In fact, Hazony argues, imperialism is far more conducive to hatred and violence than nationalism.
Nationalists are particularists, and liberal globalists are universalists. Nationalists believe that it is legitimate for multiple states with different values and ways of life to exist, whereas liberal globalists implicitly deny the legitimacy of all non-liberal states and ways of life. Thus for liberal globalists, every other state is a potential target of hatred and war. Thus every conflict is potentially global. And every enemy should in principle be destroyed, for if no other regime is really legitimate, with whom can one reach a settlement? For globalists, the globe is the only natural limit for hatred, fighting, and political expansion.
Particularists, by contrast, have only petty hatreds and petty conflicts, which are confined to small areas and can be concluded in a relatively brief time with a negotiated peace, because nationalists regard it as legitimate for other nations to exist, even when they make war against them.
Liberal globalists have an inflated sense of themselves, for they believe that they represent not just a particular regime but the interests of all humanity. This means that they regard their enemies as the enemies of all humanity. This makes their hatreds more intense and their conflicts more protracted and deadly, because how can one not be at war with the enemies of humanity? (There are, of course, material limits to war, which often force globalists to stop fighting sooner than they would like.) Nationalists find it easier to avoid war and conclude peace because they don’t have inflated senses of their own goodness and their enemies’ evil.
An important theme of The Virtue of Nationalism is the critique of liberalism. Hazony claims liberalism is false because it begins with a false image of man: a rational actor loyal only to himself, shorn of any attachments to collectives—for instance, the family, tribe, and nation into which every individual is born. On top of this false anthropology, liberalism erects a false ethics and political philosophy: the only legitimate claims that can be made on a rational individual are those he chooses for himself. The only legitimate institutions are those that a rational individual would choose for himself.
Liberal man is basically identical to economic man. The rational, self-interested behavior of liberal man finds its purest expression in the marketplace. By making the behaviors of economic man normative, liberalism dissolves non-economic social institutions like family, tribes, and nations. All individuals emerge from these collectives, which impose unchosen relationships on individuals and evoke strong feelings of attachment, which can cause individuals to risk and sacrifice their lives to preserve these collectives. Hazony calls such collective attachments “loyalties” (p. 65). The liberal individualist project seeks to dissolve all unchosen relationships and to make all loyalties contingent on loyalty to the self.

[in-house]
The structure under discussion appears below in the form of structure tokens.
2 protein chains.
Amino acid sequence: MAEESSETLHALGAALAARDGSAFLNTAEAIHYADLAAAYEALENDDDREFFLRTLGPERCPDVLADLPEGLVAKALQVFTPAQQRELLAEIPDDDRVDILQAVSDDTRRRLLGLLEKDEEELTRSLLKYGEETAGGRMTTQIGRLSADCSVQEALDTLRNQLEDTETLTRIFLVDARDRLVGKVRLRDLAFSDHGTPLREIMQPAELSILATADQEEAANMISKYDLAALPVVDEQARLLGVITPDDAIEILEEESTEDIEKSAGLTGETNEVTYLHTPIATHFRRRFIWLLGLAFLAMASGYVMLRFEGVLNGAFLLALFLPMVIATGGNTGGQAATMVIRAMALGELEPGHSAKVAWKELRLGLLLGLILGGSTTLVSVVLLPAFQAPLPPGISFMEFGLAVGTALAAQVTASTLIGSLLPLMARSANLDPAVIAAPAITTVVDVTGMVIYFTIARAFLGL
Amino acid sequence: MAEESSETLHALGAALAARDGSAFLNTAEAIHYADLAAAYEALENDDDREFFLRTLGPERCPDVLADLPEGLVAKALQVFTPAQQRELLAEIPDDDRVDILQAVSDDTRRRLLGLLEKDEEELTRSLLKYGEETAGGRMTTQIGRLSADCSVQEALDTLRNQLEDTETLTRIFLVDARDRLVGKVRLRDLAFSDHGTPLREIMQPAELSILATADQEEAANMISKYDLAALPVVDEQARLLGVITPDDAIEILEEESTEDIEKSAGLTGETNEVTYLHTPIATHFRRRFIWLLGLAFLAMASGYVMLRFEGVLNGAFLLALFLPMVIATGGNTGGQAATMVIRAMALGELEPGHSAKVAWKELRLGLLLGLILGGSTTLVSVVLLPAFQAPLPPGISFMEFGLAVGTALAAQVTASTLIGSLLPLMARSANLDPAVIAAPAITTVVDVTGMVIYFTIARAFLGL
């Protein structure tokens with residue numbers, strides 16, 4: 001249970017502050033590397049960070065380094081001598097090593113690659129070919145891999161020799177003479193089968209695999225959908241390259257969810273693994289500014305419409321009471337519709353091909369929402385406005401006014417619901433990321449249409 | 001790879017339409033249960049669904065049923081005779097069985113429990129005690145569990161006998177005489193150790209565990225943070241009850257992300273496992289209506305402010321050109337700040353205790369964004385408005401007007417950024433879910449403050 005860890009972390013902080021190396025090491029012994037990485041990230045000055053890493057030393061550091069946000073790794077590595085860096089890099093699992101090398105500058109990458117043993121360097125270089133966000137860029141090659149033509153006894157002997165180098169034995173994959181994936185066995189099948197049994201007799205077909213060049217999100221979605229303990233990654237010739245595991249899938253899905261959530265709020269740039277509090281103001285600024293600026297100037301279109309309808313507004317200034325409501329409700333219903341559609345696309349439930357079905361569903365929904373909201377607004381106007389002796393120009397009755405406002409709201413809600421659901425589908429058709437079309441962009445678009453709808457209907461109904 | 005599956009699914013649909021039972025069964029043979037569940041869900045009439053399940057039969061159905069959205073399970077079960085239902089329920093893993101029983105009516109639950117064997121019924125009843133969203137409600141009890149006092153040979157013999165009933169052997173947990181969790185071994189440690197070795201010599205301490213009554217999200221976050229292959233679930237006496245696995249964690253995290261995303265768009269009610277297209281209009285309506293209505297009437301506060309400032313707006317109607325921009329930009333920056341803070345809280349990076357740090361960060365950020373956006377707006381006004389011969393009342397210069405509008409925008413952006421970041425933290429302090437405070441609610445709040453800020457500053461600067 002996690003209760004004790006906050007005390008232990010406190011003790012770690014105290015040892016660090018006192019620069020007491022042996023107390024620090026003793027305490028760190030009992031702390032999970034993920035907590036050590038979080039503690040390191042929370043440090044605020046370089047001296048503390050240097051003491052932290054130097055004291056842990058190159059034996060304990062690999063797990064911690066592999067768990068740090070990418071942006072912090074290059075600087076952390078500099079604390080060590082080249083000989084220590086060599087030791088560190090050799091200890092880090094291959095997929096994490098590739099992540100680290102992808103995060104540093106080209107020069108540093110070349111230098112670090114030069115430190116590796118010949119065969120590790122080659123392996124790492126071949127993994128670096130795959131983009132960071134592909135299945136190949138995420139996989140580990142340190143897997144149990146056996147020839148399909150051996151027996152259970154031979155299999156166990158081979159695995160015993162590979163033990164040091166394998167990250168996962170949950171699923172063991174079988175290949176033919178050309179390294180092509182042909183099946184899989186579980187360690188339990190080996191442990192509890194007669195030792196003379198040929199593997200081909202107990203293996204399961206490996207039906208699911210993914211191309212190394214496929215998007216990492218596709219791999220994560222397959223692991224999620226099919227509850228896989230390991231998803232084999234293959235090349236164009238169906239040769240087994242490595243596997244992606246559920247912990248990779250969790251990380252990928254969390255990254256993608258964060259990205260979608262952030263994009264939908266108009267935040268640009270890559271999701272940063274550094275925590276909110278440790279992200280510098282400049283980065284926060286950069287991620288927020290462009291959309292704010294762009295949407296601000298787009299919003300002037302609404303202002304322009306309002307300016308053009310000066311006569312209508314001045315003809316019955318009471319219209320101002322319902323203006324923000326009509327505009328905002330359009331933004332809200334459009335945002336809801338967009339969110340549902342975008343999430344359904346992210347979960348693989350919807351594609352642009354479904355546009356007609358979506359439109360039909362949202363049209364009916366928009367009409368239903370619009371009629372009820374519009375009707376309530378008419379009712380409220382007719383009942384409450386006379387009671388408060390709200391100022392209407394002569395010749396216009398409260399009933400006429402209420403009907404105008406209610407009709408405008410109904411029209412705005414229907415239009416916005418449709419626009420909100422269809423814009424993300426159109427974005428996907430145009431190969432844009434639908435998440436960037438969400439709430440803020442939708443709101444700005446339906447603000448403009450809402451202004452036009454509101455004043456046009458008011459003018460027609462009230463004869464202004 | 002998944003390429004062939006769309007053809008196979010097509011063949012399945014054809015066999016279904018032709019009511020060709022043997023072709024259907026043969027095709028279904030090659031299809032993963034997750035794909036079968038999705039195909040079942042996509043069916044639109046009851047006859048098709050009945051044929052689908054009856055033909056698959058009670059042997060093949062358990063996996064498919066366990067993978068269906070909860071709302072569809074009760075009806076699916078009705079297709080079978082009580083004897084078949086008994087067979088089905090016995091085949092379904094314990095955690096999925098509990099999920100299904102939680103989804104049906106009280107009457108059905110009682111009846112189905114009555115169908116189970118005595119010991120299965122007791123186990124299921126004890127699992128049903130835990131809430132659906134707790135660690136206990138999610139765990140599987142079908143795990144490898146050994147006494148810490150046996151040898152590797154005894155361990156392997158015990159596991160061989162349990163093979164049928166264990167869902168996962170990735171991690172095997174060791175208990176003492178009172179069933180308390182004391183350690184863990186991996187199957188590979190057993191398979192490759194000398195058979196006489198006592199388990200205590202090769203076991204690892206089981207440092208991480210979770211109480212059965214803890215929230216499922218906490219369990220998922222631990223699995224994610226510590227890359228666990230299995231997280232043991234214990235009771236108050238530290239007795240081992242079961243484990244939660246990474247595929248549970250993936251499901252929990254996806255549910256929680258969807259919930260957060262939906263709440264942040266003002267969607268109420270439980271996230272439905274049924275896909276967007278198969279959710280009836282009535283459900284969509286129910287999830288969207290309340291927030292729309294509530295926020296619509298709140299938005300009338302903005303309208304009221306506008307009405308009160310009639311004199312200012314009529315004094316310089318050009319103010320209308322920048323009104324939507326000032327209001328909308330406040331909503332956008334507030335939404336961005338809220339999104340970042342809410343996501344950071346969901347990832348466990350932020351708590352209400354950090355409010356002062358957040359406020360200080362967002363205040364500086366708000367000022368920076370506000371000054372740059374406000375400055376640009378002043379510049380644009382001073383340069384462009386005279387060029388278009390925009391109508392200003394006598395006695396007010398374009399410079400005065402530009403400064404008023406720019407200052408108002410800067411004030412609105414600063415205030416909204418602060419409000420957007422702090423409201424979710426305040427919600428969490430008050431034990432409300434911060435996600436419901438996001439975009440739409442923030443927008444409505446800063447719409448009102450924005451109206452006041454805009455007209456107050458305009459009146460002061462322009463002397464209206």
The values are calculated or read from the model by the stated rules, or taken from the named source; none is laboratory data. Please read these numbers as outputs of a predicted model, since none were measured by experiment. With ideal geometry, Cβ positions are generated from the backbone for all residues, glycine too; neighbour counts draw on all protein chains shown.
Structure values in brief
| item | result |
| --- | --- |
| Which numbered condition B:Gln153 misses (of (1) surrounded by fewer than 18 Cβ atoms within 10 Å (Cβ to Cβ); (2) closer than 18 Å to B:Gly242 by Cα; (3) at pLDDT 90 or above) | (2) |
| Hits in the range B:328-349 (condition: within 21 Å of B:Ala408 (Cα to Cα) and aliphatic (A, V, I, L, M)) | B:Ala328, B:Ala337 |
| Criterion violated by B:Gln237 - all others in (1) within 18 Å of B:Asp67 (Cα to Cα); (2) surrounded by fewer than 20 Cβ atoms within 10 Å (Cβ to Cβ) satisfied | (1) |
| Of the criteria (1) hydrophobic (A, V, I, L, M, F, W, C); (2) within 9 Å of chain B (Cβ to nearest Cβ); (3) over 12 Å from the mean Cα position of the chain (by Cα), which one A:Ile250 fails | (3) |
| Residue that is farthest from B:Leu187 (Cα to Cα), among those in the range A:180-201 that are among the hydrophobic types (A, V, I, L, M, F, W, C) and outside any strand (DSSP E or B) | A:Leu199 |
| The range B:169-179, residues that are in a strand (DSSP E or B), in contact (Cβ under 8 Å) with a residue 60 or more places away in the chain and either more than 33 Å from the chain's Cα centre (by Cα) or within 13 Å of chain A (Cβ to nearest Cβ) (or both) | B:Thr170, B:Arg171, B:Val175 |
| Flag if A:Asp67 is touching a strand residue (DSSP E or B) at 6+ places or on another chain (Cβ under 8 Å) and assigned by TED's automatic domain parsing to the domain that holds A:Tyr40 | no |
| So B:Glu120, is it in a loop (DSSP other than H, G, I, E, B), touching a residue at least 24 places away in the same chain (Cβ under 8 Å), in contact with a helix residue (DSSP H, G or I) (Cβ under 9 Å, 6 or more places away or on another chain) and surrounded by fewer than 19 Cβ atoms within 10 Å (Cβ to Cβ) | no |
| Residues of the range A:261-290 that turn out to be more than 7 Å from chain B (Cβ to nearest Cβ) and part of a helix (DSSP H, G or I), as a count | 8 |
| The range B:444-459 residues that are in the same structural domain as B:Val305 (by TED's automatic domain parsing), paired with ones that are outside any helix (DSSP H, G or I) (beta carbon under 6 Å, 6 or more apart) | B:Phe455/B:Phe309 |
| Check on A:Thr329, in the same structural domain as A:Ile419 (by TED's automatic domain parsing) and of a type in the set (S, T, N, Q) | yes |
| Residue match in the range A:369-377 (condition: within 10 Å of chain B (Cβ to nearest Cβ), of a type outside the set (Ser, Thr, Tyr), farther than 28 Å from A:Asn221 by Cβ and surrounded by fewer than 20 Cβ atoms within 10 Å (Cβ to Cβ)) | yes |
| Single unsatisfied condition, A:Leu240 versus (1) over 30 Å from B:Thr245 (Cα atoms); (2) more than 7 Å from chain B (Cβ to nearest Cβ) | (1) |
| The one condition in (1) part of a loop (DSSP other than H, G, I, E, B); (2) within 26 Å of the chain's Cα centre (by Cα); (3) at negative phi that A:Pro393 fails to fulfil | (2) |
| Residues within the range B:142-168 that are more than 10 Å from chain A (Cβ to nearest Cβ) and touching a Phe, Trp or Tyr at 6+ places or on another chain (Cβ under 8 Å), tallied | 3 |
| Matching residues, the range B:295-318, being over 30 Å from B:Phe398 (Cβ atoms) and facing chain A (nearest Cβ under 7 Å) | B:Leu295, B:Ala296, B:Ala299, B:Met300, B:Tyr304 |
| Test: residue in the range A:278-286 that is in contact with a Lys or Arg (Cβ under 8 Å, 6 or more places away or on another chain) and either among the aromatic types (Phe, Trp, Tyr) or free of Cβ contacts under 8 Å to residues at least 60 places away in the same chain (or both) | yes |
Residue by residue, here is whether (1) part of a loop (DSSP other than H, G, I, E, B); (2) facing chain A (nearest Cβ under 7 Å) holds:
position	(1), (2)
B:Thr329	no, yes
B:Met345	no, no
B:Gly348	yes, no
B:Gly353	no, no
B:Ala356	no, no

Hazony argues that liberalism is an inherently imperialistic ideology. Nations are collectives. But only individuals matter to liberals. Because all men are the same insofar as they are rational, self-interested agents, all boundaries between political entities are morally meaningless. Liberals also believe that only liberal regimes are legitimate. Thus liberals have no moral objections to overthrowing illiberal regimes, particularly if this coincides with economic interests.
Hazony emphasizes that although nationalists reject imperialistic globalist institutions, nationalism is itself a vision of the best world order. Thus in Chapter XVIII he outlines “Some Principles of the Order of Nationalist States.”
First, he claims that “the order of national states . . . grants political independence to nations that are cohesive and strong enough to secure it” (p. 176). The core of cohesiveness is ethnic, which means that a proposed state that lacks a core ethnic group is not a candidate for independence. The most cohesive state of all, of course, would be entirely ethnically homogeneous.
As for being “strong enough to secure” independence: Why this concession to Realpolitik? If a nation is strong enough to secure its independence, it doesn’t really need international recognition. It is nice, but not necessary. It is precisely the peoples that cannot secure their independence on their own that need to depend on an international order of nationalist states. Many such countries exist today. Andorra, Lichtenstein, Monaco, the Vatican, and San Marino do not have the ability to establish their independence by force of arms. But that is true of most states. There is not a single nation in Europe that is a military match for the United States or Russia. Hazony thinks that small states that cannot secure their independence are doomed to become non-sovereign protectorates of larger states. But there are alternatives: Small states can secure their independence by allying themselves with other sovereign states, and they can appeal to the moral and political principles upheld by an international order of nationalist states.